Don’t forget to consider the cheapest and most readily-available clamps and jigs you likely have on hand. Lots of people suggested rubber bands, zip ties, string and rope, and tape. I would add poster putty. I use this stuff all the time for all sorts of temporary binding purposes. Jon Singer also reminds us to not forget toothpicks. Tooth picks can be used for shims, as stand-offs, to pry, stir, stab, 1001 uses.


And wooden blocks. David Edwards writes: “A small collection of little (variously shaped) wooden blocks, originally intended for small(er) children are fabulous for impromptu jigs when trying to (quickly) clamp oddly-shaped work pieces, and they’re brightly painted, so they don’t get lost in the scrap. And I can play with ’em while trying to figure out how to proceed. Which brings up another often overlooked jig/helping hands tool: LEGO bricks. You can form them to nearly any spec you need.

Several people recommended magnets. Our very own Brian Jepson says: “Throwie-sized magnets are great for holding things in place, especially for temporary stuff: drop of glue, magnet, and you’re done.”


This spring clamp is the exact sort of “frivolous purchase” I’d make at Home Depot, a $2 investment that’ll pay off the next time I need to clamp something. Having a half-dozen of these and C-clamps of various sizes are a must-have for any shop. Brian Chamberlin, of Dorkbot DC, writes: “If my girlfriend is not in shouting distance, then I usually grab a simple 4″ spring clamp. I have a bunch of them scattered about. They’re cheap and work well in a pinch.” (Ah, no pun intended, I’m sure.)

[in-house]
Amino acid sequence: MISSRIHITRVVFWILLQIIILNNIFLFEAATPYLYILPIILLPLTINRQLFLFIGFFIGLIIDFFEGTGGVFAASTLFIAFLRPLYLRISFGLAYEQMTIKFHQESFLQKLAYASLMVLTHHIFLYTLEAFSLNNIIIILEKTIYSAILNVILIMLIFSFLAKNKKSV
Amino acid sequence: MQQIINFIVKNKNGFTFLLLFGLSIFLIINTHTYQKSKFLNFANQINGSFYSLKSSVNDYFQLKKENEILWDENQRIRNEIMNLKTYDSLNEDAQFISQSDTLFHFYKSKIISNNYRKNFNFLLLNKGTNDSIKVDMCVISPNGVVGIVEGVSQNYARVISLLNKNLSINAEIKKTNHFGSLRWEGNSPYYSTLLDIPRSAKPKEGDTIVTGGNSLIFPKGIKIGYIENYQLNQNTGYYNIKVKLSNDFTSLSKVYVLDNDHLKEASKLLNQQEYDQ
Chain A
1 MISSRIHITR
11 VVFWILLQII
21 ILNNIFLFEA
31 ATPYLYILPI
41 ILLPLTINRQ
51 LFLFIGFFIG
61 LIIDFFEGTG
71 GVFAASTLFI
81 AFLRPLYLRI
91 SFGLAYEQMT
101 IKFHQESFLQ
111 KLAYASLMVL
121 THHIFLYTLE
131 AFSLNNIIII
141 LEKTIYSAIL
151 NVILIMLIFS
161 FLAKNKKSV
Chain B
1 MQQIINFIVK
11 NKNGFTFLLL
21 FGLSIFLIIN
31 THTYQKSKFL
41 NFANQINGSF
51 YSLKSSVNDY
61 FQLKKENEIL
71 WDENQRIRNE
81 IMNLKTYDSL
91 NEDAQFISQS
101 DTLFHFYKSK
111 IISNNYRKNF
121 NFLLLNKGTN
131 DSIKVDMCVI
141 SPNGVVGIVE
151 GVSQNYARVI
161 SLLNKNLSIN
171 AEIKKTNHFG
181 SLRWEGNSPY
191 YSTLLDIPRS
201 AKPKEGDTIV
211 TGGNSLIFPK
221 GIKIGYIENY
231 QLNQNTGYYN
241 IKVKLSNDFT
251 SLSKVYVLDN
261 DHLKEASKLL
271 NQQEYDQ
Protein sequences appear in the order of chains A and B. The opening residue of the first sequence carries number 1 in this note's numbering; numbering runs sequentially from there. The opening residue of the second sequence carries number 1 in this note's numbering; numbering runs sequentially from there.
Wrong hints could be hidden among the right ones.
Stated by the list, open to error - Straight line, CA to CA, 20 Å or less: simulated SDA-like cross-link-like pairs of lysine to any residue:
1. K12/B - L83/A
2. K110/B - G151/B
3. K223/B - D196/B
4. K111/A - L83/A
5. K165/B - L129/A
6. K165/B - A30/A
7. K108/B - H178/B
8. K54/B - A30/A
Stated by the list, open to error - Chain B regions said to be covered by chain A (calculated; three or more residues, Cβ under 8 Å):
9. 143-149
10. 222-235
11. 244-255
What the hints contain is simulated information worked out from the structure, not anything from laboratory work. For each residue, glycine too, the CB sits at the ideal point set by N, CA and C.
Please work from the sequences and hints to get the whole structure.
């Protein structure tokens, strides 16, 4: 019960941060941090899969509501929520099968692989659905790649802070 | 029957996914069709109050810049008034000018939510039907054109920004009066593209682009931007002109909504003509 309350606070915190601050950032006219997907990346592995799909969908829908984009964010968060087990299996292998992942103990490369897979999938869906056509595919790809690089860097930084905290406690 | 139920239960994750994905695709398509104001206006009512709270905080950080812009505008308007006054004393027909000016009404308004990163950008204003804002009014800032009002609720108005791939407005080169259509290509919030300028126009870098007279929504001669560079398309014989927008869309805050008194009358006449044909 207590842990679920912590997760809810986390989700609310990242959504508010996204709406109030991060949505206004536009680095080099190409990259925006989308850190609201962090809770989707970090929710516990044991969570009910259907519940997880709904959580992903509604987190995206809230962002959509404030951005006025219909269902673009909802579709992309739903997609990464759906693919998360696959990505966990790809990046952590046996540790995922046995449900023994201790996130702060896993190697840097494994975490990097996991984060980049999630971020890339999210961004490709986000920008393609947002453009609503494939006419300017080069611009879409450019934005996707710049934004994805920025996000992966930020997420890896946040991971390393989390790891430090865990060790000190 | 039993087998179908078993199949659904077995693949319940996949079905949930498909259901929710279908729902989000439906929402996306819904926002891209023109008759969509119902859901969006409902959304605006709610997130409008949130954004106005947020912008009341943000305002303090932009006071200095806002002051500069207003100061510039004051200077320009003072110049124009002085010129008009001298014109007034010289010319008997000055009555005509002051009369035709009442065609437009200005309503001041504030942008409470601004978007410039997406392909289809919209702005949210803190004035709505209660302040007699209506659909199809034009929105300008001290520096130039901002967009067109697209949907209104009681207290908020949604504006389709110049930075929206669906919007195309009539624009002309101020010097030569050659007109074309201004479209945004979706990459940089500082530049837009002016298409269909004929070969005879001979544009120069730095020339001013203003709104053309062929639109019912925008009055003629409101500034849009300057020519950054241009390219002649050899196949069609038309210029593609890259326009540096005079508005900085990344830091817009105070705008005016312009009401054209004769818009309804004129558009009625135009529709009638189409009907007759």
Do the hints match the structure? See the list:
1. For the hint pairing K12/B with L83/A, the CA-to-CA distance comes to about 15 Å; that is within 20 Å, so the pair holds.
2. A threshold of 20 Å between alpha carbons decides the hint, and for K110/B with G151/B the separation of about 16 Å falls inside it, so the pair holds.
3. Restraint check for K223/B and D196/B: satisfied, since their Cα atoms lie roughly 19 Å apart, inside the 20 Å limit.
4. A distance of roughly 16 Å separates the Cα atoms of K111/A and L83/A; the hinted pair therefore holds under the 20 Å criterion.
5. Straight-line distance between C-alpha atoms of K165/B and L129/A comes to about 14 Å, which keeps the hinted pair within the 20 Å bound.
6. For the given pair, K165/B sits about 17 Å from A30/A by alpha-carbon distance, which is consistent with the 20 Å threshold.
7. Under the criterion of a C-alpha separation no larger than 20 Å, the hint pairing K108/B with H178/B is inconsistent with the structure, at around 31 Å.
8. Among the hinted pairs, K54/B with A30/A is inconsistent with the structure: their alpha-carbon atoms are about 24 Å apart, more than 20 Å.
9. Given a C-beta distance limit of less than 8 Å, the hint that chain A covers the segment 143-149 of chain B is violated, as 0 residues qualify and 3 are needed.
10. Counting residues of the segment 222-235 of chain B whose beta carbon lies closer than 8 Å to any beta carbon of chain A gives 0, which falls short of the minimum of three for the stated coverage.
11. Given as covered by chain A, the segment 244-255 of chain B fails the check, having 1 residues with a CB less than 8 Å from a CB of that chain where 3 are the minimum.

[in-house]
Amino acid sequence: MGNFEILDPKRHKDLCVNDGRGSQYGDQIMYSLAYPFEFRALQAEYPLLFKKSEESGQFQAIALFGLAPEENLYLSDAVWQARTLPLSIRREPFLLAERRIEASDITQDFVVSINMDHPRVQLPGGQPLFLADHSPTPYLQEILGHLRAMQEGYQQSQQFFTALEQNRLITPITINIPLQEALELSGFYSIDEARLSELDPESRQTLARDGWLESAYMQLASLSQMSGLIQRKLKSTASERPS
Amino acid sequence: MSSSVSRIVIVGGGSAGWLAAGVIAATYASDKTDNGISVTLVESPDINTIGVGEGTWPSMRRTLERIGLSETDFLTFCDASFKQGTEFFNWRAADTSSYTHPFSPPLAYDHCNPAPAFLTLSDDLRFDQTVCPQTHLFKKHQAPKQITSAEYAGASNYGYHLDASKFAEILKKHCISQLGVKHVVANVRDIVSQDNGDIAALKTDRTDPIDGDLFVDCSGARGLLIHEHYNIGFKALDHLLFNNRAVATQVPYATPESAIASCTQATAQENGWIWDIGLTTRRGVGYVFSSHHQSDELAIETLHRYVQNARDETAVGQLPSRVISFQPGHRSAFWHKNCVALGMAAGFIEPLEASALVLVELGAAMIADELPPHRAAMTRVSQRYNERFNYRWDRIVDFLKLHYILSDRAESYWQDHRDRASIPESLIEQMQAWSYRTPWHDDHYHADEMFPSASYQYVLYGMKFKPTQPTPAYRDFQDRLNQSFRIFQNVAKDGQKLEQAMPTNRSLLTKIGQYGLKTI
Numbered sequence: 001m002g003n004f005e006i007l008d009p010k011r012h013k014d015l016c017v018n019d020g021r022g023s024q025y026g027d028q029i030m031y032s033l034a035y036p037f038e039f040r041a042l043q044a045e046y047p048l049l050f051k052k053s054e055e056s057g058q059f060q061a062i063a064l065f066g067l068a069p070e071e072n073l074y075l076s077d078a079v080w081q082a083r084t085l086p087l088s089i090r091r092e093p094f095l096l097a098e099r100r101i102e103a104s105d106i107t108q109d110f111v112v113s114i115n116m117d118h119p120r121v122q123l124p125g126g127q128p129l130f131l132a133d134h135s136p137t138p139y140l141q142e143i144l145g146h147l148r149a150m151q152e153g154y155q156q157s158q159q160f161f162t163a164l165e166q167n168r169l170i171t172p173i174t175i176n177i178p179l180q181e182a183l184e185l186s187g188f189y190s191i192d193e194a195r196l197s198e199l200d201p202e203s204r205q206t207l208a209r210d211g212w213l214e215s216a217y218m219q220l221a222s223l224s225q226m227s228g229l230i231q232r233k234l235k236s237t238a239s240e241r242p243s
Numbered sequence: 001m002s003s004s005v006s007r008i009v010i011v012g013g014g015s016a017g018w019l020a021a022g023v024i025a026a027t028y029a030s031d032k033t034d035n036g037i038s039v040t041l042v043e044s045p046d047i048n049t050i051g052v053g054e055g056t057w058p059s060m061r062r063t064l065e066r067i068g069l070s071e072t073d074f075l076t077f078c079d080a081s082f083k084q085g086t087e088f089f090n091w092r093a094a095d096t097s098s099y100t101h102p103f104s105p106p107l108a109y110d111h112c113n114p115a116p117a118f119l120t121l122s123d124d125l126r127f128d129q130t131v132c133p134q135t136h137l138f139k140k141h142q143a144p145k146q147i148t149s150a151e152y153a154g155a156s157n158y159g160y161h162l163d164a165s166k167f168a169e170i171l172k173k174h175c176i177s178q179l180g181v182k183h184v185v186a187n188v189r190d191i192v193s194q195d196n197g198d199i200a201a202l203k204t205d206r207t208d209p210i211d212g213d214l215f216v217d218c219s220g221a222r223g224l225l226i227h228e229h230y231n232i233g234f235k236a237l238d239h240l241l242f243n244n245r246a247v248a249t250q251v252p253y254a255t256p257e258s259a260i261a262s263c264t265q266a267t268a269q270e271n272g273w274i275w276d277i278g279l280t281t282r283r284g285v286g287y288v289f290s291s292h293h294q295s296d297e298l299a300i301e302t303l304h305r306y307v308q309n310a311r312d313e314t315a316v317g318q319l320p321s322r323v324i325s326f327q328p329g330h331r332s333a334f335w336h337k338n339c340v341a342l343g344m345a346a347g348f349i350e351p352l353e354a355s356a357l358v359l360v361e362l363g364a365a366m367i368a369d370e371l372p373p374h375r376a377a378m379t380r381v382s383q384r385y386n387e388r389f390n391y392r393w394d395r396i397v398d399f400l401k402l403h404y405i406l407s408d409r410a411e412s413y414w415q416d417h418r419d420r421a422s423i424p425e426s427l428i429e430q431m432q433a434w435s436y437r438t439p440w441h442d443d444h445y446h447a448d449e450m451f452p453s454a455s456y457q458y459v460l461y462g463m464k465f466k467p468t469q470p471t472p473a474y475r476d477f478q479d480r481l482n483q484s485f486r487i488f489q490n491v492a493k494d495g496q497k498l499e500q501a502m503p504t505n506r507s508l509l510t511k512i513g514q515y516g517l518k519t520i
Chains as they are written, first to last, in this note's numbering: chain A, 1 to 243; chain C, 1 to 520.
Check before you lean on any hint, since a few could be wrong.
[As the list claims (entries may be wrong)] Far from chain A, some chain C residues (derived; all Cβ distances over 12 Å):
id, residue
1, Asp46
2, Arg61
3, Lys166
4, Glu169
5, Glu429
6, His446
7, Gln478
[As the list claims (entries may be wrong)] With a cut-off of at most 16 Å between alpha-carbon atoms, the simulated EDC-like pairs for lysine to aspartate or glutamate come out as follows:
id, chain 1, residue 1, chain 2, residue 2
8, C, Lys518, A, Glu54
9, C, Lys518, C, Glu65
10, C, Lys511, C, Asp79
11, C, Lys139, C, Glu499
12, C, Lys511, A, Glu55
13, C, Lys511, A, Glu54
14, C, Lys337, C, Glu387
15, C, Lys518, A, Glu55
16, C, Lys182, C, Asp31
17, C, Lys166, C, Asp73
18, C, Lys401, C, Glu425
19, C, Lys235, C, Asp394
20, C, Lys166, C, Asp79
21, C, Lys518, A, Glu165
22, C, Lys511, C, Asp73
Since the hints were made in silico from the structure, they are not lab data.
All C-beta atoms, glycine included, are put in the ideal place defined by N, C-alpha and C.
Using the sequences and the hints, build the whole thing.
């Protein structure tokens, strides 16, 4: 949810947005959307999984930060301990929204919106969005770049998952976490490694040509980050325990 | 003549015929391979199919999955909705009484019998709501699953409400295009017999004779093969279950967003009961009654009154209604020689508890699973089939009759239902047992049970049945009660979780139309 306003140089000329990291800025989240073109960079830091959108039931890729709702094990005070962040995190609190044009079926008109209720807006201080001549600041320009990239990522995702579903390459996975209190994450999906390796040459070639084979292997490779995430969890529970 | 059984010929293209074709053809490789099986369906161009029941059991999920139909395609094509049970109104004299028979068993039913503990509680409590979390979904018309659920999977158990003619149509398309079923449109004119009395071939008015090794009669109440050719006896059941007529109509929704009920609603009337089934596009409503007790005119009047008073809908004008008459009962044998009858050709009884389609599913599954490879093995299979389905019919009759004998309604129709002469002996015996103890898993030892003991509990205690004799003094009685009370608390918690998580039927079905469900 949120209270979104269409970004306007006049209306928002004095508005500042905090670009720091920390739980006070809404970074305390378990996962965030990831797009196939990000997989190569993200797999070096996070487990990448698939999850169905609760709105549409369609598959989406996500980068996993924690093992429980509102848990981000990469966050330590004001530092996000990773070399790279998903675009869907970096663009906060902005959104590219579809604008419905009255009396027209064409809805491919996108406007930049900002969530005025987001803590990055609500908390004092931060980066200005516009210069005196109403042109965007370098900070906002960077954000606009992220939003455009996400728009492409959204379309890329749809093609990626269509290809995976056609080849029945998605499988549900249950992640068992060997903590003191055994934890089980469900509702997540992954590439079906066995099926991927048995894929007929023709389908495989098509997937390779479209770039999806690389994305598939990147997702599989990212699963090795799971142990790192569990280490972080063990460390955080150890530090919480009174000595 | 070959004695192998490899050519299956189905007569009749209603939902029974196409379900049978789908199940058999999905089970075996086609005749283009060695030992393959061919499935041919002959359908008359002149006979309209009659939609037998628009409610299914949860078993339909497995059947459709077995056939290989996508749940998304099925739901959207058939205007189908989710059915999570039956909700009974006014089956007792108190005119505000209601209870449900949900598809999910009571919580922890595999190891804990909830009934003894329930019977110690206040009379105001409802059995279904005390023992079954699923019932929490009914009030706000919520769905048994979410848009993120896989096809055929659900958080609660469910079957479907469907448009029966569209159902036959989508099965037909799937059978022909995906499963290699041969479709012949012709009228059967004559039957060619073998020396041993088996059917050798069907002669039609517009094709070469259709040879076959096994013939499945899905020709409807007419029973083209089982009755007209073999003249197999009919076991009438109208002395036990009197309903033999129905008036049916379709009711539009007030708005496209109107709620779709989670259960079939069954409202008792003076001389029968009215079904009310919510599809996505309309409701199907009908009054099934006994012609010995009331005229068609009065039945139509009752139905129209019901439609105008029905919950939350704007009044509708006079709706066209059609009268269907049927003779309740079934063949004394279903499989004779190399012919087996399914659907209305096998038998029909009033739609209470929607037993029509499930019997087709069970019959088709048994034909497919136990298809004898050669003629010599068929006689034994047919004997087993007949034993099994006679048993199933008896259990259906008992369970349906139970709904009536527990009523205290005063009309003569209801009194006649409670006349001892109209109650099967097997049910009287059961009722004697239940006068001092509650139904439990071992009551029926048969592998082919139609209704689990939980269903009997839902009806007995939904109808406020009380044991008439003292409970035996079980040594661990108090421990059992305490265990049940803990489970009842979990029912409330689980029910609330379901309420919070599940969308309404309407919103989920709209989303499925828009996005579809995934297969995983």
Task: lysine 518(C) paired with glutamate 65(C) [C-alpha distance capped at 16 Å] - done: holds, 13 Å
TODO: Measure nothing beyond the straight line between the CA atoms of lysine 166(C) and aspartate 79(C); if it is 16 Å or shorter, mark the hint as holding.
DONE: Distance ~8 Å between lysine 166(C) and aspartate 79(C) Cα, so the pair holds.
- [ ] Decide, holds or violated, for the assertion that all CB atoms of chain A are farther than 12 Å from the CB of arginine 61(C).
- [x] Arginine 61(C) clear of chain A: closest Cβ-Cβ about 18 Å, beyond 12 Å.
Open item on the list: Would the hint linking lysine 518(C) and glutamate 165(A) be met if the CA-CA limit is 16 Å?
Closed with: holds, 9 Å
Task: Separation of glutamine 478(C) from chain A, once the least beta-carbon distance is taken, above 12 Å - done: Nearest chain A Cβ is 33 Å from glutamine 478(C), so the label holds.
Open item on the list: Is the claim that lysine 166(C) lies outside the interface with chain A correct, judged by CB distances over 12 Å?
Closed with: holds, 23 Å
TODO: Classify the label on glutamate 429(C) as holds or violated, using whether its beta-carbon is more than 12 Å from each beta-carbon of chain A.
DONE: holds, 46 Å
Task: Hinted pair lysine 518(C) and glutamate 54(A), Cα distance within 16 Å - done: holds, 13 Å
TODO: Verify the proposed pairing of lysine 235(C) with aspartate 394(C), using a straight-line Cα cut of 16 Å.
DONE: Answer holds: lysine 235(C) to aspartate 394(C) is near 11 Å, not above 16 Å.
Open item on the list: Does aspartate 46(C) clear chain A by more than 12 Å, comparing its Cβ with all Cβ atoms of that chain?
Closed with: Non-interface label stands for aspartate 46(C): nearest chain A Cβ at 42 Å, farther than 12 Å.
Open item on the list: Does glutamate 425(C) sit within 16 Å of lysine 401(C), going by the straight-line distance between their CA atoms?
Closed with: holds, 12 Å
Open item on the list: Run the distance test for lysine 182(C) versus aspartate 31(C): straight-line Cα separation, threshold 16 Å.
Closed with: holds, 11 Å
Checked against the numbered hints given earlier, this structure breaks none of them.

Andrew Righter says: “As for the handiest third hand, I bought this from Home Depot about six months back and it’s worth its weight in gold. The first thing I did though was break the damn plastic nut that’s supposed to lock it into place on a desk/lab table, so I ended up modifying it with a metal-based version and it works a lot better. The amazing thing is that the top part of the vise comes off completely so you have a nice desktop holder for multi-purpose projects. Good stuff.”


I fell in love with this tool while painting and sculpting tabletop wargame miniatures. The pins allow you to clamp in objects of different sizes and shapes and it holds them in place while you work. Jason Schlauch says: “It keeps fingers away from the business end of a Dremel, gives you extra grip on smaller items, and still allows you to move the work piece around. You can also unscrew the handle and use it to clamp odd shaped items in your bench vise.” $13 at Harbor Freight.